|Egypt Table of Contents
With the beginning of World War II, Egypt again became vital to Britain's defense. Britain had to assure, if not the wholehearted support of Egypt, at least its acquiescence in British military and political policies during the crisis. For its part, Egypt considered the war a European conflict and hoped to avoid being entangled in it. As one Axis victory succeeded another, Egyptians grew increasingly convinced that Germany would win the war. Some were pleased at the prospect of a German victory, not because they were attracted to the Nazi ideology, but because they viewed any enemy of their enemy, Britain, as a friend. Meanwhile, the British were determined to prevent an Egyptian-German alliance.
The war gave the Wafd the opportunity to return to power. The Wafd set out to convince the British that they would not lead an anti-British insurrection during the wartime crisis. Uncertain of the loyalty of Prime Minister Ali Maher and convinced that the king was intriguing against them, the British decided to entrust the Egyptian government to the Wafd. On February 2, 1942, with the German army under General Erwin Rommel advancing toward Egypt, Lampson, the British ambassador, ordered the king to ask Mustafa Nahhas, the Wafdist leader, to form a government. The incident clearly demonstrated that real power in Egypt resided in British hands and that the king and the political parties existed only so long as Britain was prepared to tolerate them. It also eroded popular support for the Wafd because it showed that the Wafd would make an alliance with the British for purely political reasons. The Wafd's credibility was eroded further in 1943 when a disaffected former Wafd member, Makram Ubayd, published his Black Book. The book contained details of Nahhas's corrupt dealings over the years and seriously damaged his reputation.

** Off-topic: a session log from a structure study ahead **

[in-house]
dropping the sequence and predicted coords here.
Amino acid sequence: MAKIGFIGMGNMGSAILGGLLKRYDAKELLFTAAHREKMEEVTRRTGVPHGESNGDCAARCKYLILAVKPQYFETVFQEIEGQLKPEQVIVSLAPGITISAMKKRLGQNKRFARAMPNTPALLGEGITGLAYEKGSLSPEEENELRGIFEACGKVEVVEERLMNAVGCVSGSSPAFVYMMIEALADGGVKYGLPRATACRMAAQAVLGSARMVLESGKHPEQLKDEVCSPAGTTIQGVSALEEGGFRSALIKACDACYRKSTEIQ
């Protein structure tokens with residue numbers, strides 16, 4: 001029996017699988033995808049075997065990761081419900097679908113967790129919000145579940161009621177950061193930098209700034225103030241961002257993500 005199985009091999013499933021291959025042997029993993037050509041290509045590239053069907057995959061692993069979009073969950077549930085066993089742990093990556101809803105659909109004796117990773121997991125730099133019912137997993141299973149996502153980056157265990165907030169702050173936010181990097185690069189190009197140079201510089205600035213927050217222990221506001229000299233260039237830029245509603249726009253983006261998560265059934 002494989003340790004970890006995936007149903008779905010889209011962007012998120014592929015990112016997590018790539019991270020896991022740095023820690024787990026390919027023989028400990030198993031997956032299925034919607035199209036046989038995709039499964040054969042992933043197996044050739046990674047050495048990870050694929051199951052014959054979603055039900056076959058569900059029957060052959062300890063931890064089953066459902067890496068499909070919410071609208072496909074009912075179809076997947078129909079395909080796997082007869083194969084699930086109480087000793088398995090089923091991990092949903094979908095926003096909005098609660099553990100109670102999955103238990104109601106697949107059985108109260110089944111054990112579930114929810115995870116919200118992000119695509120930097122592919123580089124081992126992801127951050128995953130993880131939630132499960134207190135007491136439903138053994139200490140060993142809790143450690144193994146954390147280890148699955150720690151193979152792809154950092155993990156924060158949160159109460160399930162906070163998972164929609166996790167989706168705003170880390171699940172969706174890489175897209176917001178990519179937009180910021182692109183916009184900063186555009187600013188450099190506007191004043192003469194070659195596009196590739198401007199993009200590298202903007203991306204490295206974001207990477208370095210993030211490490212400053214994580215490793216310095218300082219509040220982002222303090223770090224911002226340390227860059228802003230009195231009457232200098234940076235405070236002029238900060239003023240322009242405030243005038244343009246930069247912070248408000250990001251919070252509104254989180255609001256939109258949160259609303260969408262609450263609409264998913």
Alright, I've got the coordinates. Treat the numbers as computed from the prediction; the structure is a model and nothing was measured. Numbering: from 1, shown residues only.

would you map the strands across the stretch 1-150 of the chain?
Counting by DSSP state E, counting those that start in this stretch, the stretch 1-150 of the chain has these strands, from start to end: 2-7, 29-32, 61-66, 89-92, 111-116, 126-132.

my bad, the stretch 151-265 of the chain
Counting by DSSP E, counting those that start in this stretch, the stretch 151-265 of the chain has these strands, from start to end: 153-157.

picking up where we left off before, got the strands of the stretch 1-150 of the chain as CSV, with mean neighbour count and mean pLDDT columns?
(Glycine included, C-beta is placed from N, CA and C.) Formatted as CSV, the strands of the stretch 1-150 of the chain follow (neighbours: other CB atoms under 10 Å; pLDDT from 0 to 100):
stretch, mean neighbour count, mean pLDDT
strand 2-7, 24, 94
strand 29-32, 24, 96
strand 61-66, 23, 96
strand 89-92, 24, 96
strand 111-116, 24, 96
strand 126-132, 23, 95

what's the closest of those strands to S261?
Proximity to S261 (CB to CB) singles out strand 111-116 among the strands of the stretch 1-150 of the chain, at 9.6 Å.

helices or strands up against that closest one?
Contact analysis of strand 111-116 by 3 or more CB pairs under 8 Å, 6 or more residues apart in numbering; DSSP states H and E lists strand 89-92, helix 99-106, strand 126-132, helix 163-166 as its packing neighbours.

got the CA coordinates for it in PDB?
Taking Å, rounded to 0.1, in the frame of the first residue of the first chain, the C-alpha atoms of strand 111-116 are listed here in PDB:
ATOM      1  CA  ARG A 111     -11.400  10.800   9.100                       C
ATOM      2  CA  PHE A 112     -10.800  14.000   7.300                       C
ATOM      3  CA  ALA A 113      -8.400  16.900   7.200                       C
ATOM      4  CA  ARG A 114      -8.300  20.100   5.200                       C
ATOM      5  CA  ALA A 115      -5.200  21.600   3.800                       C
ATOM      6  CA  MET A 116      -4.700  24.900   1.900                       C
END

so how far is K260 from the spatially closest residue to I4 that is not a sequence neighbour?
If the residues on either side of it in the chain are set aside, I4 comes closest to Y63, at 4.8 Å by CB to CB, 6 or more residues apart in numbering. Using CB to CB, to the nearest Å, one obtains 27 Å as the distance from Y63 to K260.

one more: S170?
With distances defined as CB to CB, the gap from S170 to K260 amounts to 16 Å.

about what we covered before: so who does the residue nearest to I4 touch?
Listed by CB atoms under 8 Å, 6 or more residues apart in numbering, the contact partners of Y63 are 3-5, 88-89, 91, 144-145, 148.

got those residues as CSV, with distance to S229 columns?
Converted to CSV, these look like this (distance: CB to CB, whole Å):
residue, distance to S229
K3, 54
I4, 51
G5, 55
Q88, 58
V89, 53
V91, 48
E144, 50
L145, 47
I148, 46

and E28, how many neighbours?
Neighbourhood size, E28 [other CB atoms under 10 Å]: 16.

The Wafdist government fell in 1944, and the Wafd boycotted the elections of 1945, which brought a government of Liberal Constitutionalists and Saadists to power. As World War II ended, the Wafd was splintered into several competing camps. The political initiative and popular support swung toward the militant organizations on the right, such as the Muslim Brotherhood and Young Egypt.
Source: U.S. Library of Congress